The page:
Little Children: Todd Field’s Follow-Up to In the Bedroom, Starring Kate Winslet

In his sophomore effort, Little Children, Todd Field fulfills the promise he showed in his 2001 debut, “In the Bedroom,” which premiered at the Sundance Film Fest and went on to win major critics awards and five Oscar nominations, including Best Picture and Best Actress for Sissy Spacek.

Though “Little Children” is not perfect, due to some structural and tonal, and Jennifer Connelly’s bad performance, which stands out because the rest of the ensemble is terrific. Nonetheless, as of September, it’s the most interesting and provocative American movie of the year, and I doubt if we will see many pictures that are as ambitious as Field’s film before the end of the season.

That said, the challenging movie likely will divide critics and audiences, and New Line needs to come up with a brilliant marketing campaign to put this one over, and separate it from other good movies of the past decade about suburban malaise (See Film Comment).

As a take on American suburbia, “Little Children” offers a darkly humorous view of a group of characters whose paths crisscross in unexpected ways, both comic and tragic. In scope and ambition, the film recalls the large ensemble pieces of Robert Altman (“Short Cuts”) and his protege, Paul Thomas Anderson (“Boogie Nights,” “Magnolia”).

Since “Little Children” is set in contempo suburbia (refreshingly New England and not Los Angeles) and deals with marriage and adultery, inevitable comparisons will be made with Sam Mendes’ “American Beauty,” which swept the 1999 Oscars, including Best Picture, and more specifically with Todd Solondz’s “Happiness,” due to some similarities in characters, prominent among which is a sex offender in both features, albeit one that serves different purpose in the text.

A deeper look at “Little Children” suggests that it’s a different kind of movie than those two, with an original different narrative strategy, visual style, and characters. The movie is at once more ambitious and more complex than “American Beauty,” but it’s also more problematic, perhaps because of its complex structure and ambitious goals.

Give it a chance. In moments, “Little Children” is a tough movie to sit through, due to its emotional intensity and uneasy shifts in tone, but you will find yourself provoked and upset, if not downright haunted, by specific images and dialogue lines long after the experience is over, which can’t be said about most American movies these days.

As co-written by Field and Tom Perrotta, based on the best-selling novel by Perrotta (who also wrote “Election,” made into a great picture by Alexander Payne), “Little Children” centers on twelve fully-developed characters whose lives intersect in surprising, even dangerous ways, when they meet in various places of their small, intimate community: the playgrounds, the town pool, the supermarket, and of course, the private homes.

Like most good movies, the text of “Little Children” is dense and the tone rich enough to be interpreted in different ways by different viewers. On one level, the movie could be taken as a modern-day fable about the turbulent emotional landscape beneath the surface of a seemingly conventional suburban neighborhood, one in which the denizens struggle with juggling marriage and children, desire and infidelity, personal and public lives, self-fulfillment versus community-orientation.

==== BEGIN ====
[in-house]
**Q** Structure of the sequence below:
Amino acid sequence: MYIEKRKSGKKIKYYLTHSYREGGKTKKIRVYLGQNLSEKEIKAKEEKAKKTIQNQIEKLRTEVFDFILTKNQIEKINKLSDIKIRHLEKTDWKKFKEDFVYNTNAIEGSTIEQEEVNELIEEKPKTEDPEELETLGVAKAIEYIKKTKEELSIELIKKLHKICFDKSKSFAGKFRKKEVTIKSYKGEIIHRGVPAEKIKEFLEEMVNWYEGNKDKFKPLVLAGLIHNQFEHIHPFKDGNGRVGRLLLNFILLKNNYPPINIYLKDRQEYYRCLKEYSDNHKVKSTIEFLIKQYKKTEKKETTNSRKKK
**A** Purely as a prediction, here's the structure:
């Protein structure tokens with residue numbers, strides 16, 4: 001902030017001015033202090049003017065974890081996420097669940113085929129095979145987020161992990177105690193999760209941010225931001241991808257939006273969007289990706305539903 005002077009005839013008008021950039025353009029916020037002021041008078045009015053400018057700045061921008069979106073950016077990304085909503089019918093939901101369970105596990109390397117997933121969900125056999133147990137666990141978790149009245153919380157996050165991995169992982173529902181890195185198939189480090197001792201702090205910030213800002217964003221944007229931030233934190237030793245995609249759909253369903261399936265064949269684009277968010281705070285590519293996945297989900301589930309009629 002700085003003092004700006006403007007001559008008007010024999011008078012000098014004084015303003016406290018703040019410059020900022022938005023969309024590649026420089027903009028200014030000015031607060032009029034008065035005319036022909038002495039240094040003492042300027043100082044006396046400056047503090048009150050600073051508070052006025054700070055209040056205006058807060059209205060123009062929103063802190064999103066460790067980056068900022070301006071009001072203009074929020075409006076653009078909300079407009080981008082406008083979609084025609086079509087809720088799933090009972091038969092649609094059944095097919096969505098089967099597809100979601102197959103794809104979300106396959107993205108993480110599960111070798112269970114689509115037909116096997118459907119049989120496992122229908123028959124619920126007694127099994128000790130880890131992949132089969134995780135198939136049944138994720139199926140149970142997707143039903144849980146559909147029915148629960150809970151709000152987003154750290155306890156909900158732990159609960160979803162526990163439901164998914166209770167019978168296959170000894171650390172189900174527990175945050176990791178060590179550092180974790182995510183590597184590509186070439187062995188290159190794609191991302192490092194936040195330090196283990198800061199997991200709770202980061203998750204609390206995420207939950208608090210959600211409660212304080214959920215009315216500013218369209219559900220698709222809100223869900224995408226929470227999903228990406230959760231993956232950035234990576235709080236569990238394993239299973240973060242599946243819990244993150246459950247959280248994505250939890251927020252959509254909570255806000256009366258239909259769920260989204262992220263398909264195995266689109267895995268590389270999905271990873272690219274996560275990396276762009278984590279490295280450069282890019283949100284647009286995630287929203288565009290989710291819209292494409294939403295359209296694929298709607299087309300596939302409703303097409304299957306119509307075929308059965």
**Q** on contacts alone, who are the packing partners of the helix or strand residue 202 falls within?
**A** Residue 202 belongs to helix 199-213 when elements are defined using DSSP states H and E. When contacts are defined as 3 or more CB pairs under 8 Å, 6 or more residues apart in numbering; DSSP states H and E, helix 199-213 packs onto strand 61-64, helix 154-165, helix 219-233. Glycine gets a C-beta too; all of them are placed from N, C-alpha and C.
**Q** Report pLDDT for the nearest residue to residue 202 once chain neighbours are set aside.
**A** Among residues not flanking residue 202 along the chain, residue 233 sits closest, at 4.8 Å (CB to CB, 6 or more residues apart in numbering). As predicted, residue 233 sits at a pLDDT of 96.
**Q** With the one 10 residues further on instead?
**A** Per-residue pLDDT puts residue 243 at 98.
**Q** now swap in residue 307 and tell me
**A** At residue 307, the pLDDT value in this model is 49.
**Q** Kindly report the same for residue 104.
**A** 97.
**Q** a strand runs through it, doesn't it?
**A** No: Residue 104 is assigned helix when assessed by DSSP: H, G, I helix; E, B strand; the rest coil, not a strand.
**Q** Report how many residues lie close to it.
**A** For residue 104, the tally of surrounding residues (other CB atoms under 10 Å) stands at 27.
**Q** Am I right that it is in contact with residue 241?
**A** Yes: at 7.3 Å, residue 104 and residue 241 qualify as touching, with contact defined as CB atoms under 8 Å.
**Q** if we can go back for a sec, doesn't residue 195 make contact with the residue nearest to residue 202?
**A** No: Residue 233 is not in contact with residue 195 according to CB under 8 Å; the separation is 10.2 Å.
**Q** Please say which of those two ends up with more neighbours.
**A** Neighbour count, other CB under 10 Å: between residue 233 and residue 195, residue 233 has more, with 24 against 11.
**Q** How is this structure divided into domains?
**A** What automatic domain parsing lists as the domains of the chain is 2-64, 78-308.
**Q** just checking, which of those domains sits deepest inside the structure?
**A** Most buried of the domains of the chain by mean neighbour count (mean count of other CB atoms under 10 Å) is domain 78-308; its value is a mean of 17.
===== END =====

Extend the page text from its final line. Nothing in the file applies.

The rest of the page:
On another level, the movie could be seen as an anatomy of consciousness, intertwining characters that embark on personal and collective journeys, at the end of which they reach emotionally startling revelations about themselves, their significant others, and their community at large.

The yarn’s protagonist is Todd (Patrick Wilson), a handsome house-husband, affectionately known to the stay-at-home moms of the neighborhood as The Prom King. Hes every womans sexual fantasyall the women in the neighborhood cast lusting glances at him–except for his wife Kathy (Jennifer Connelly). The family’s breadwinner, Kathy is a documentarian (there’s a wonderful scene in which she interviews a boy whose father had died in Iraq). A bit of a shrill, she puts pressure on Todd to pursue his legal career, since he has failed not once but twice the bar examinations.

The film’s female protagonist, sort of Todd’s counter figure, is the young, beautiful, and alert Sarah (Kate Winslet). Once a passionate feminist, aspiring to become a PhD in literature (who never wrote her dissertation), Sarah is stuck in a listless, sexless, run-of-the-mill marriage to Richard.

Sarah is the only mom in the neighborhood who has the courage to introduce herself to the “Prom King. Sparks fly from their very first meeting, in which Sarah asks for Todd’s phone number in order to impress her friends and win a five dollar betbut also to prove to herself that she can just do it.

The movie is wonderful in showing how an initial embrace and a fake kiss ricochet with far-reaching consequences for the couple and its surroundings. Gradually, amid talks at the neighborhood pool and walks in the park with their kids, Todd and Sarah delve into a heated affair. Todd sees a light in Sarah that her husband hasnt noticed for years, and Sarah fills the emotional void that Kathy has created in her pursuit of more stable, upscale life, defined by conspicuous consumption and materialistic possessions.

Sarahs wayward attentions dont seem to bother her husband Richard, who’s far too obsessed with an online stripper, Slutty Kay, to even notice. Richard becomes so enamored of this Internet exhibitionist that he lets himself get caught by Sarah in an uncompromising position that would embarrass any man, let alone a married one. (Compared to the book, in the film, Richard’s persona is both changed and diminished, perhaps due to the need for dramatic compression).

The specific reactions to Todd and Sarahs infidelity cannot be described here, but suffice is to say that it’s a steamy erotic affair with full nudity (of both partners) and daring sexual positions, at least as far as bourgeois sexuality is concerned. (The gifted Winslet has never looked so beautiful or seductive)